Free Newsletters - Space - Defense - Environment - Energy - Solar - Nuclear
..
. Space Industry and Business News .




TECH SPACE
Projecting a Three-Dimensional Future
by Staff Writers
Tel Aviv, Israel (SPX) Jul 10, 2014


The applications for the technology are vast and diverse, according to the researchers, who have already been approached by commercial entities interested in the technology.

Since the 1960s, theatergoers have shelled out for crude 3-D glasses, polarized glasses, and shutter glasses to enhance their viewing experience. These basic devices, used to trick the brain into perceiving an artificial three-dimensional reality, may soon be rendered obsolete with the introduction of new holography technology developed by Tel Aviv University researchers.

Tel Aviv University doctoral students Yuval Yifat, Michal Eitan, and Zeev Iluz have developed highly efficient holography based on nanoantennas that could be used for security as well as medical and recreational purposes.

Prof. Yael Hanein, of TAU's School of Electrical Engineering and head of TAU's Center for Nanoscience and Nanotechnology, and Prof. Jacob Scheuer and Prof. Amir Boag of the School of Electrical Engineering, led the development team. Their research, published in the American Chemical Society's publication Nano Letters, uses the parameters of light itself to create dynamic and complex holographic images.

In order to effect a three-dimensional projection using existing technology, two-dimensional images must be "replotted" - rotated and expanded to achieve three-dimension-like vision. But the team's nanoantenna technology permits newly designed holograms to replicate the appearance of depth without being replotted.

The applications for the technology are vast and diverse, according to the researchers, who have already been approached by commercial entities interested in the technology.

Taking out the map
"We had this interesting idea - to play with the parameters of light, the phase of light," said Yifat.

"If we could dynamically change the relation between light waves, we could create something that projected dynamically - like holographic television, for example. The applications for this are endless. If you take light and shine it on a specially engineered nanostructure, you can project it in any direction you want and in any form that you want. This leads to interesting results."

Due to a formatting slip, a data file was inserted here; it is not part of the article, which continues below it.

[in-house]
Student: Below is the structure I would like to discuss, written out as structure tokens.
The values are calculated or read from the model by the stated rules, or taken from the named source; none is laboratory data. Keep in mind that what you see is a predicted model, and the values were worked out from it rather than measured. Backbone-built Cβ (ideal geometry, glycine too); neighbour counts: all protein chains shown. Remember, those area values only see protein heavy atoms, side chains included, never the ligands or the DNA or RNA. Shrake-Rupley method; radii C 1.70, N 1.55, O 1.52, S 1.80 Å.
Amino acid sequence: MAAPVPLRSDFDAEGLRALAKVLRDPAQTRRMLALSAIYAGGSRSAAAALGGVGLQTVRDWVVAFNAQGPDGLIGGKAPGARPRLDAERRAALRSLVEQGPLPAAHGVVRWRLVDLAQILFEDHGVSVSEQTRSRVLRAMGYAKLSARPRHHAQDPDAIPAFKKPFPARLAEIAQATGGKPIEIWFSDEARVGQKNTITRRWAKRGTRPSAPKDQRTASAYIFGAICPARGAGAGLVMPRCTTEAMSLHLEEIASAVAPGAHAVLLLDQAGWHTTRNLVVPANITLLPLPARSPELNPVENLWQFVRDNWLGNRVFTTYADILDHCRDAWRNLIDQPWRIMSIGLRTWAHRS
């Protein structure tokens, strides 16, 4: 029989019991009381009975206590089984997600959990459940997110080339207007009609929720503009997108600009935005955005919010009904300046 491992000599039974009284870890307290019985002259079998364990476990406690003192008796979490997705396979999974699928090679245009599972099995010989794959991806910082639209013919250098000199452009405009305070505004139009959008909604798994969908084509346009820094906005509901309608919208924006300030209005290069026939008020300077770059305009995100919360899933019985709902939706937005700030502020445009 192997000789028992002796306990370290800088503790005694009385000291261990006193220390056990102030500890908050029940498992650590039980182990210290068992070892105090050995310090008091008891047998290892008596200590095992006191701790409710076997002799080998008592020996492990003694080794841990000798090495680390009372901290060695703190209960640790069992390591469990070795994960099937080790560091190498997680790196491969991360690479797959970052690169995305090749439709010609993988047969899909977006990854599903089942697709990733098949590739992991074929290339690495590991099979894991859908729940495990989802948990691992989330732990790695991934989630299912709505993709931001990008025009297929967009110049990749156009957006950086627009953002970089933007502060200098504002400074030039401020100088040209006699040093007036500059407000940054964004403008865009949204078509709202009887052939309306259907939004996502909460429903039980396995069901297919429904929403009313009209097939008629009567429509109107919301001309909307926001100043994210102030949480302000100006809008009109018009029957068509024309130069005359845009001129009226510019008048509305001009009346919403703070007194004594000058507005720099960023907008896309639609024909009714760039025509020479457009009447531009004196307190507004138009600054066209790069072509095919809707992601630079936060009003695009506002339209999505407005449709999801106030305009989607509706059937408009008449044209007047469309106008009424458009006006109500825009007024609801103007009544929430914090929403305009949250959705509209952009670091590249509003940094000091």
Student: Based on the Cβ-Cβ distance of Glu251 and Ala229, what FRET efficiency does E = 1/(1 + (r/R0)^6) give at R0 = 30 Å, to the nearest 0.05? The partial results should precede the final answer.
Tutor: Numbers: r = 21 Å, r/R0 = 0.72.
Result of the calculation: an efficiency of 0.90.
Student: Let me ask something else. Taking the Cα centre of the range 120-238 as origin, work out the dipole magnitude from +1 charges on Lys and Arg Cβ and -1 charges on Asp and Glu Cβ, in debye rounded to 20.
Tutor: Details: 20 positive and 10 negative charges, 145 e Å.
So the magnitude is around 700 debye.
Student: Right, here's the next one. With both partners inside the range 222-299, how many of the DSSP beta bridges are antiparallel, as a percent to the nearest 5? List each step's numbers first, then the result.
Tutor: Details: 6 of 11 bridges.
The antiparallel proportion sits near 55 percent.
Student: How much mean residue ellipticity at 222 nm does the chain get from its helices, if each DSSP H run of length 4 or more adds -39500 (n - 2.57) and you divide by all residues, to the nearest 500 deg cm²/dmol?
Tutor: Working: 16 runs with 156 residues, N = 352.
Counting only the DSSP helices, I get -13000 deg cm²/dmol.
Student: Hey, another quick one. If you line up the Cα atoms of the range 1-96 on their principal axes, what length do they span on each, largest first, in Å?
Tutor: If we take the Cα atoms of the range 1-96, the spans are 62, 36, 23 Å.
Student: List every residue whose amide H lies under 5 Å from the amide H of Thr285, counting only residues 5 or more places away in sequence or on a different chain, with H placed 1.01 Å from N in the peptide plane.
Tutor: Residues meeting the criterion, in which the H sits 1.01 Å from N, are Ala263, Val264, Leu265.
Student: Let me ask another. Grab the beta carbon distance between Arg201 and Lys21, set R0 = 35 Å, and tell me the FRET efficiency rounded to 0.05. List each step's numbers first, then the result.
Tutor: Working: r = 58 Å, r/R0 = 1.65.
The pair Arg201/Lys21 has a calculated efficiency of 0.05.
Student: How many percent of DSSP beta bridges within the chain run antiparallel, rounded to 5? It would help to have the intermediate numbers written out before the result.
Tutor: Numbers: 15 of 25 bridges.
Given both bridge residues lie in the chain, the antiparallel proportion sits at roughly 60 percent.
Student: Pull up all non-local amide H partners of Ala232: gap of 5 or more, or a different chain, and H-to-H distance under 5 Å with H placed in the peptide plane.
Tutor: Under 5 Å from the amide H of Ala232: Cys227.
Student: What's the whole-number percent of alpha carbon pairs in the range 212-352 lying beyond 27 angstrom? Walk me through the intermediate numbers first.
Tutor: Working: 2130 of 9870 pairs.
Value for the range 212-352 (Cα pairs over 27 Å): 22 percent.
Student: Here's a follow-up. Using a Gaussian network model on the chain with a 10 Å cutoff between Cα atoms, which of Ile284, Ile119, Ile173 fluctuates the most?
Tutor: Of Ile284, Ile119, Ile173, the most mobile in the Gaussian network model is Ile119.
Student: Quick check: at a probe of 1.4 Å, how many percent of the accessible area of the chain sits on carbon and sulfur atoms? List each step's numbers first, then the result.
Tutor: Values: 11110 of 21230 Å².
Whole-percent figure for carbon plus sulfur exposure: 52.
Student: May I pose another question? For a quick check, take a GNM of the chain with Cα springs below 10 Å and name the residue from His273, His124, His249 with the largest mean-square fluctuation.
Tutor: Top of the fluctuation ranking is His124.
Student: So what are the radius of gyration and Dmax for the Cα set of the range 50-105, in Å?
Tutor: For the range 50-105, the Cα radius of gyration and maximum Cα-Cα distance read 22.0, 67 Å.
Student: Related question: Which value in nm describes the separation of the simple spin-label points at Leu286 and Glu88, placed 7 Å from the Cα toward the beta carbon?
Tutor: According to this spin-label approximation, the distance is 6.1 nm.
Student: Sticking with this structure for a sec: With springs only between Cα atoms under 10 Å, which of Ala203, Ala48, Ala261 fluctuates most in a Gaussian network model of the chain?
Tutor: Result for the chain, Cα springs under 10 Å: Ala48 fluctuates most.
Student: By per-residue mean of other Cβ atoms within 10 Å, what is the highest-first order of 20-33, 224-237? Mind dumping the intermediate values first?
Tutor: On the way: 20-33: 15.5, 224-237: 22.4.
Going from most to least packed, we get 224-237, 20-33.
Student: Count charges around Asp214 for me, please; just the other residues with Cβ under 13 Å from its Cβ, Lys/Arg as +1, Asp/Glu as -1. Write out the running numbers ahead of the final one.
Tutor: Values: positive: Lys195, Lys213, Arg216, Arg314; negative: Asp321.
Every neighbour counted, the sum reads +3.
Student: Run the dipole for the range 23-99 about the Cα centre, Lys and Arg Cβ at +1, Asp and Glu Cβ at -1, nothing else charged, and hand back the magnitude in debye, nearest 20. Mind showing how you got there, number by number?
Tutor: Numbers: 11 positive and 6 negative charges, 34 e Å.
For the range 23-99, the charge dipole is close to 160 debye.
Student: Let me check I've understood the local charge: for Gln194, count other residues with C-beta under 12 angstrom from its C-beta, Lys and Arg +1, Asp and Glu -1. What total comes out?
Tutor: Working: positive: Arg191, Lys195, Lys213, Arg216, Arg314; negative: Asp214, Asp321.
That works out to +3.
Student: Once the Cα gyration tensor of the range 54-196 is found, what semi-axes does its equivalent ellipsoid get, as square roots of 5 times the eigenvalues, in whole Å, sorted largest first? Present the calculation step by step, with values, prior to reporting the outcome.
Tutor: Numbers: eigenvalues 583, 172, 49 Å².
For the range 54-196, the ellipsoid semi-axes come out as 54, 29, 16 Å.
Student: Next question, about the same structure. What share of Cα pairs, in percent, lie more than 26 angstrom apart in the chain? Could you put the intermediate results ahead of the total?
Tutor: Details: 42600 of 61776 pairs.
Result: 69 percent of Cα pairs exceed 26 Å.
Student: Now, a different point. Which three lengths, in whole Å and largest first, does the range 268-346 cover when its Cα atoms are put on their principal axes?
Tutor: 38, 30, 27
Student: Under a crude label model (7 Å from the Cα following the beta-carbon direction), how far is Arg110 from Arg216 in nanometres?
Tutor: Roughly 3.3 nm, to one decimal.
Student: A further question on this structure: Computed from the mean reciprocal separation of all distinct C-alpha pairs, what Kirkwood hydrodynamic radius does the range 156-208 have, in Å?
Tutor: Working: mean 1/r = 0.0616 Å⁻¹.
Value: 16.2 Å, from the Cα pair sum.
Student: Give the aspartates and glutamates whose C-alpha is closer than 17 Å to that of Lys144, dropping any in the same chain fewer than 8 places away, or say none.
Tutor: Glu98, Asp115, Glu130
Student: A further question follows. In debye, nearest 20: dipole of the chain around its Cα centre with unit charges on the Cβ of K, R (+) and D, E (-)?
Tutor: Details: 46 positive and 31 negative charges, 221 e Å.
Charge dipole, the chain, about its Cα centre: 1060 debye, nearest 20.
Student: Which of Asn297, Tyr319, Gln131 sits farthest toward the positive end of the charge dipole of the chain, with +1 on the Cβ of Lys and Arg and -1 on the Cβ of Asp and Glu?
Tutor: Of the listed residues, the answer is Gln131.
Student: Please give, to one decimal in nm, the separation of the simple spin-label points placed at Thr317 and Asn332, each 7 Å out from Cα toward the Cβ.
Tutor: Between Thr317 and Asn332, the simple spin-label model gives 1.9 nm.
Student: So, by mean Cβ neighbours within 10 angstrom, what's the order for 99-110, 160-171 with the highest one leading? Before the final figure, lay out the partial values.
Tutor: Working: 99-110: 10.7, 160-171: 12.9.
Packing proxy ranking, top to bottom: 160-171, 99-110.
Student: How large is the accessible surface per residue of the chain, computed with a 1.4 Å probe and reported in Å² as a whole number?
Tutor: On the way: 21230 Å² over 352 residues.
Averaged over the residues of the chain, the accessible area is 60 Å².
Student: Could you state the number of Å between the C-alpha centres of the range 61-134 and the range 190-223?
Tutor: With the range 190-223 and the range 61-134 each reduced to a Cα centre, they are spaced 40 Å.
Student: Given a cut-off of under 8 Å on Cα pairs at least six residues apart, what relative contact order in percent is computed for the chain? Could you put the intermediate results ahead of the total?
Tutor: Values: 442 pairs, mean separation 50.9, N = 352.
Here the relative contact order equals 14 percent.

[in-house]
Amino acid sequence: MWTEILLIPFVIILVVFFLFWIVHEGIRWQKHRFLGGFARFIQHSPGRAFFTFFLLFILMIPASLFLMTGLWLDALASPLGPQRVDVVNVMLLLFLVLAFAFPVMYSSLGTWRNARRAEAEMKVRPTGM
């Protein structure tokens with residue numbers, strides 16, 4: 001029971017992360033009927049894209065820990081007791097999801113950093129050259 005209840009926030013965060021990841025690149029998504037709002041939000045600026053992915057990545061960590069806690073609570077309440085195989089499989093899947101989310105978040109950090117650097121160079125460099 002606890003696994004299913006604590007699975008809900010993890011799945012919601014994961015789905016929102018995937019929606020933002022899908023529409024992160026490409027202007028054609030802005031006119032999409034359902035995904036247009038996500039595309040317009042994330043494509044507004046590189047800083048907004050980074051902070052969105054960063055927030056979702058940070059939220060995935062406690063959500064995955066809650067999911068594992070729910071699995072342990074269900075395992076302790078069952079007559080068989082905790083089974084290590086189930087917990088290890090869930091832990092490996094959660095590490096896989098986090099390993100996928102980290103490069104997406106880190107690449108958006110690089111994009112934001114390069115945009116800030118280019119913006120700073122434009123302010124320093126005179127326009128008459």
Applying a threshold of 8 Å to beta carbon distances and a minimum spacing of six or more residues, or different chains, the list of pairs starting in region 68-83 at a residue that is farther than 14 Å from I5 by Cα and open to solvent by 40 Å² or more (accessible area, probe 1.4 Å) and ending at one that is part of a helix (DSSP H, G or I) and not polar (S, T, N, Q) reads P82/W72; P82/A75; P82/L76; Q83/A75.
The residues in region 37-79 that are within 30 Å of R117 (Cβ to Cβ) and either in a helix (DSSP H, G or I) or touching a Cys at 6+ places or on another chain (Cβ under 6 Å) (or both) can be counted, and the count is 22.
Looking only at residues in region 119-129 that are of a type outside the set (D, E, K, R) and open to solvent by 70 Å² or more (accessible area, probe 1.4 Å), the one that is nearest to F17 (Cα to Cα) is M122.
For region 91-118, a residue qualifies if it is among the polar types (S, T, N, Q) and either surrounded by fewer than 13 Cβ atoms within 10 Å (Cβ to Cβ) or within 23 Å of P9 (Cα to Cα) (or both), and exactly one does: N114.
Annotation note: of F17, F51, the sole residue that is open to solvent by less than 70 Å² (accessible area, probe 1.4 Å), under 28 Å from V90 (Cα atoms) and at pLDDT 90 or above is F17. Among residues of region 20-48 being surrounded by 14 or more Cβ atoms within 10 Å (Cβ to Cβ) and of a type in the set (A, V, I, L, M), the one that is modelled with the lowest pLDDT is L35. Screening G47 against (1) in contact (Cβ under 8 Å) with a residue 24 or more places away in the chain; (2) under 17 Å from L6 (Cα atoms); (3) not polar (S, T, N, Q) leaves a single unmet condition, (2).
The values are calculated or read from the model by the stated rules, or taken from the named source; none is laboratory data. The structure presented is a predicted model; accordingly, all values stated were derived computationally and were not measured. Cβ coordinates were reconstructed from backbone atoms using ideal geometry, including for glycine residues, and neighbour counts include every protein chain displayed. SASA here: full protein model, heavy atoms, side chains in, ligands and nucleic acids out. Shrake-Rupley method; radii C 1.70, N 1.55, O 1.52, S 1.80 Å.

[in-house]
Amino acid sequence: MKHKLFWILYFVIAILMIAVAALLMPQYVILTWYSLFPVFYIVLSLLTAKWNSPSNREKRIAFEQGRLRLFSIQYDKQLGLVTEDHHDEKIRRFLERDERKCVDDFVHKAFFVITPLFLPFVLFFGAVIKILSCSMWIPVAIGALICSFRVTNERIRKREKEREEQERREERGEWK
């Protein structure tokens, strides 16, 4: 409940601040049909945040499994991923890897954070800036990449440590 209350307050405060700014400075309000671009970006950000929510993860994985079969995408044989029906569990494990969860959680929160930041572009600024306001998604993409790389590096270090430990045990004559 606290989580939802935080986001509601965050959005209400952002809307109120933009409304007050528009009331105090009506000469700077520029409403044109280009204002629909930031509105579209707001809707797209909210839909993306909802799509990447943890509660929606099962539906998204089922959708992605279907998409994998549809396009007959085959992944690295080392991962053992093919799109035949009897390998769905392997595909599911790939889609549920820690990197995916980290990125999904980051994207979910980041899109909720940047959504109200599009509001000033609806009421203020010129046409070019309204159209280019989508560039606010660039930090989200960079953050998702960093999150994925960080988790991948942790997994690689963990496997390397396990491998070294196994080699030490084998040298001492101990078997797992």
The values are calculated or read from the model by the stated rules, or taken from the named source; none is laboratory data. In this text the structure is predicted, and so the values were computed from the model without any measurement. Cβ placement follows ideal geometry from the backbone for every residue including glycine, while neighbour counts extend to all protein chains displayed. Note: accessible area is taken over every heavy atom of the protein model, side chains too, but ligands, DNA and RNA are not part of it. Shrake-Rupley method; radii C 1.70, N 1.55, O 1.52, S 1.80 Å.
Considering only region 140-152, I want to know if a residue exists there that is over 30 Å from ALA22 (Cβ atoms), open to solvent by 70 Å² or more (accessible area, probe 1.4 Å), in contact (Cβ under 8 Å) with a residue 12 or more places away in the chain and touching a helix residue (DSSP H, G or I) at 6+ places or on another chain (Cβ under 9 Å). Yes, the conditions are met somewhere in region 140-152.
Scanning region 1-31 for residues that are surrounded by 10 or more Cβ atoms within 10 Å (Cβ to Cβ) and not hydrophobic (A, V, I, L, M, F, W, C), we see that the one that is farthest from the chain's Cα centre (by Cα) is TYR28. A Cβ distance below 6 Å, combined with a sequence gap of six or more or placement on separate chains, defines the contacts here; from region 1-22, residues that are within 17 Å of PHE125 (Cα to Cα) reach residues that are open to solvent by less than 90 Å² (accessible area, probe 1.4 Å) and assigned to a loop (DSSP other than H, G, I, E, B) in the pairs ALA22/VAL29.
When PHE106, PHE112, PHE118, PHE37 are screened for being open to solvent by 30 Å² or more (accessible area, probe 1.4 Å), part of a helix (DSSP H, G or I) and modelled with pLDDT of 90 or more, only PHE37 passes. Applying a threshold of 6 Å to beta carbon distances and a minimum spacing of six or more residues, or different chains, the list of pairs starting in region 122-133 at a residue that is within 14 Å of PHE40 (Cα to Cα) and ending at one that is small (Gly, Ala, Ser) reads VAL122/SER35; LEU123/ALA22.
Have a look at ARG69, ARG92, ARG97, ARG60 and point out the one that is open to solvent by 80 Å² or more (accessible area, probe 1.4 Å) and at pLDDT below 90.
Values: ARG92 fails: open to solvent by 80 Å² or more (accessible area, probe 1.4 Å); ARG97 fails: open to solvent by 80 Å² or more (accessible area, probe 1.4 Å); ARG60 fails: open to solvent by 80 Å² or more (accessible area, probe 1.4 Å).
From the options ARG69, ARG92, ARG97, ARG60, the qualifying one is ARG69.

The researchers worked in the lab for over a year to develop and patent a small metallic nanoantenna chip that, together with an adapted holography algorithm, could determine the "phase map" of a light beam. "Phase corresponds with the distance light waves have to travel from the object you are looking at to your eye," said Prof. Hanein.

"In real objects, our brains know how to interpret phase information so you get a feeling of depth, but when you look at a photograph, you often lose this information so the photographs look flat. Holograms save the phase information, which is the basis of 3-D imagery. This is truly one of the holy grails of visual technology."

According to the researchers, their methodology is the first of its kind to successfully produce high-resolution holographic imagery that can be projected efficiently in any direction.

"We can use this technology to reflect any desired object," said Prof. Scheuer.

"Before, scientists were able to produce only basic shapes - circles and stripes, for example. We used, as our model, the logo of Tel Aviv University, which has a very specific design, and were able to achieve the best results seen yet."

The key to complex imagery
"This can be used for scientific research, security, medical, engineering, and recreational purposes," said Prof. Scheuer.

"Imagine a surgeon, who is forced to replot several CAT-SCAN images to generate an accurate picture. By generating just one holographic image, she could examine symptoms from every angle. Similarly, an architect could draw up a holographic blueprint that he could actually walk through and inspect. The applications are truly endless."

The new technology could also be used to improve laser-based radars used for military purposes as well as advance anti-counterfeiting techniques that safeguard against theft.